White Fang

135: White Fang Review

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(If you like what you see, you can go to camseyeview.biz to see more of my work on video game reviews, editorials, lists, Kickstarters, developer interviews, and review/talk about animated films. If you would like, consider contributing to my Patreon at patreon.com. It would help support my work, and keeps the website up. Thanks for checking out my work, and I hope you like this review!)

It’s not hard to see the many complaints about Netflix and their ways of picking up anything for their service, despite its quality or lack of. They want content for their service, but they don’t always get great stuff. Maybe out of every six or so films they pick up, only one and, if you are lucky, two of them will be really good. It doesn’t help either that companies use this to their advantage to slide their films that tested poorly or no one cared about, onto the service and take the loss. You know, how the cowardly spineless Weinsteins hid Guardian Brothers and Underdogs on the service. Luckily, that isn’t always the case, and while the upcoming Duck Duck Goose will be talked about, since it matches that notion I mentioned, let’s talk about a good Netflix animated film with White Fang. Based on the book of the same name written by Jack London, and directed by Alexandre Espigares, the director of the Oscar-winning short Mr. Hublot, White Fang is a CGI-animated feature that was picked up by Netflix, and was released on July 6th 2018 on the service. It was a film I was interested in when I saw the unique art direction and the English cast, including Rashida Jones, Nick Offerman, Paul Giamatti, and Eddie Spears. It seems to have gone under the radar for many people, and I want everyone to know that this is a good Netflix-animated feature. Let’s dive in.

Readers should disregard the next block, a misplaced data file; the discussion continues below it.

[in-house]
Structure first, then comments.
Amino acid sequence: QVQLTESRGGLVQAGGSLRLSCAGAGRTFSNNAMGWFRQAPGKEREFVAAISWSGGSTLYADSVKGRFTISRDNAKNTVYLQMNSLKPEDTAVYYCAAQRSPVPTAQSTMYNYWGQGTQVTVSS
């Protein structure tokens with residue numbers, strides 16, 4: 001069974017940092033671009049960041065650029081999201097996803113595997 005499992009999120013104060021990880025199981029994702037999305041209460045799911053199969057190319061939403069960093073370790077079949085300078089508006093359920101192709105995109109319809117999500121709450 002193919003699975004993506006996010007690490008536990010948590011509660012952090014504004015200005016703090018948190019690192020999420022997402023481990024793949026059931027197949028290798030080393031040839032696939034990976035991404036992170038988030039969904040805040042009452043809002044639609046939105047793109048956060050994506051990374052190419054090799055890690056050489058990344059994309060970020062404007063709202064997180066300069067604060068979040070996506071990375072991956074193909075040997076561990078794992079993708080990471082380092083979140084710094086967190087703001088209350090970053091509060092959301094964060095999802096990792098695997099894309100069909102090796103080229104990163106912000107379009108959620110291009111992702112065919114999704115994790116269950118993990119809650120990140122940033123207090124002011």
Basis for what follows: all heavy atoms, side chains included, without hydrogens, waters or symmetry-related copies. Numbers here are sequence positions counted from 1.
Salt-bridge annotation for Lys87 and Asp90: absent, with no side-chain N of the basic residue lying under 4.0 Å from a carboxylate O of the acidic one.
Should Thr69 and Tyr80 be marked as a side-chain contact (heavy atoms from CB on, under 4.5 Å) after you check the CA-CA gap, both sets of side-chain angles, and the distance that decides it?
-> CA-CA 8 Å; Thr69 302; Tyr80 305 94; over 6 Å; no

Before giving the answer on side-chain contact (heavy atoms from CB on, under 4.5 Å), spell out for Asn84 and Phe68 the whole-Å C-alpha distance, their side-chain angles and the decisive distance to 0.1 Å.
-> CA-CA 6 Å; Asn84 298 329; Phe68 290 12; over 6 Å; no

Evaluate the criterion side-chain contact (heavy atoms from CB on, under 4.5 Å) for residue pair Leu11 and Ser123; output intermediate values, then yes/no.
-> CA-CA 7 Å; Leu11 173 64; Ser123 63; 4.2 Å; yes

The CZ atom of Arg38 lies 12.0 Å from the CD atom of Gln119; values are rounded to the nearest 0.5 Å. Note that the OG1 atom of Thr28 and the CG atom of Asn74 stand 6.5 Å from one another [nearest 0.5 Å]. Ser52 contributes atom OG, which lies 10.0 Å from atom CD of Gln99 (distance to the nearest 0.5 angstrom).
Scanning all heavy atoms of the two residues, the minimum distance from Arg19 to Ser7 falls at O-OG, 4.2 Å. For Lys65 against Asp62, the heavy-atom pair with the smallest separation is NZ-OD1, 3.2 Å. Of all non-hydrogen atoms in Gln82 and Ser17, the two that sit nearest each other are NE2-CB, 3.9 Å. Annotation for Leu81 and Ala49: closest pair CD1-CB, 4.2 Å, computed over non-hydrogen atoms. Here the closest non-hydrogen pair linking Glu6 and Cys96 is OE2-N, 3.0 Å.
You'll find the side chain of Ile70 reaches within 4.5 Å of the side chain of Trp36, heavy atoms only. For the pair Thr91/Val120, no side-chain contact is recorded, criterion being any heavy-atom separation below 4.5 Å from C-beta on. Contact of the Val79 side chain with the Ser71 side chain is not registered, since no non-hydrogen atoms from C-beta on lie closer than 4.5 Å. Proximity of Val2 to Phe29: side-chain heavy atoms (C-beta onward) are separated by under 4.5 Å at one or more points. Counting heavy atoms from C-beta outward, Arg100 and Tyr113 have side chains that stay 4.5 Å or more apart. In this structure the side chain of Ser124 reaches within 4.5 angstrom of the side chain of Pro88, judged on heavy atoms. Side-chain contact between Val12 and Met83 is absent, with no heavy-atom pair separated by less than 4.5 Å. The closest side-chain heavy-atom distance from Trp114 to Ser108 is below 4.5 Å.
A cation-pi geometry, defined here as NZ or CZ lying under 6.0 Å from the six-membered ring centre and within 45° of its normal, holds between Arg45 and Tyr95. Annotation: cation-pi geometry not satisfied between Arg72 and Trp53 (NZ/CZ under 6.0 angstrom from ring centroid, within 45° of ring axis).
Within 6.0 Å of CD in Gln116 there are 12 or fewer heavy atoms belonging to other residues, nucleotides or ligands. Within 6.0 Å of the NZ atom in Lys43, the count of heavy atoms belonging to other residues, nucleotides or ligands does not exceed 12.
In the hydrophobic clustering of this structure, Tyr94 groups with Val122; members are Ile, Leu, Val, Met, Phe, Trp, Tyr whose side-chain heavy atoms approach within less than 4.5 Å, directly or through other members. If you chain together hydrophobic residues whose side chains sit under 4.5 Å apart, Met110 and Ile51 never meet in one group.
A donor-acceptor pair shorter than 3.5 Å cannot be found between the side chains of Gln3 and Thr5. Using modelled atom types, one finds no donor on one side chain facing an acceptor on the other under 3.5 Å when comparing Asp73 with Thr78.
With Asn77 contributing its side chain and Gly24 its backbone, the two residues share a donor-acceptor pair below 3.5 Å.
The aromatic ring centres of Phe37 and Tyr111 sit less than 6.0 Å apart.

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The story is about a wolf cub that lived with his mother. It follows his life through meeting a Native American tribe, and becoming one of the sled dogs of the chief named Grey Beaver, dubbed by Eddie Spears. His eventual change of ownership is to a snarly evil individual named Beauty Smith, dubbed by Paul Giamatti, and a home with a husband and wife named Marshal Weedon Scott and Maggie Scott, dubbed by Nick Offerman and Rashida Jones.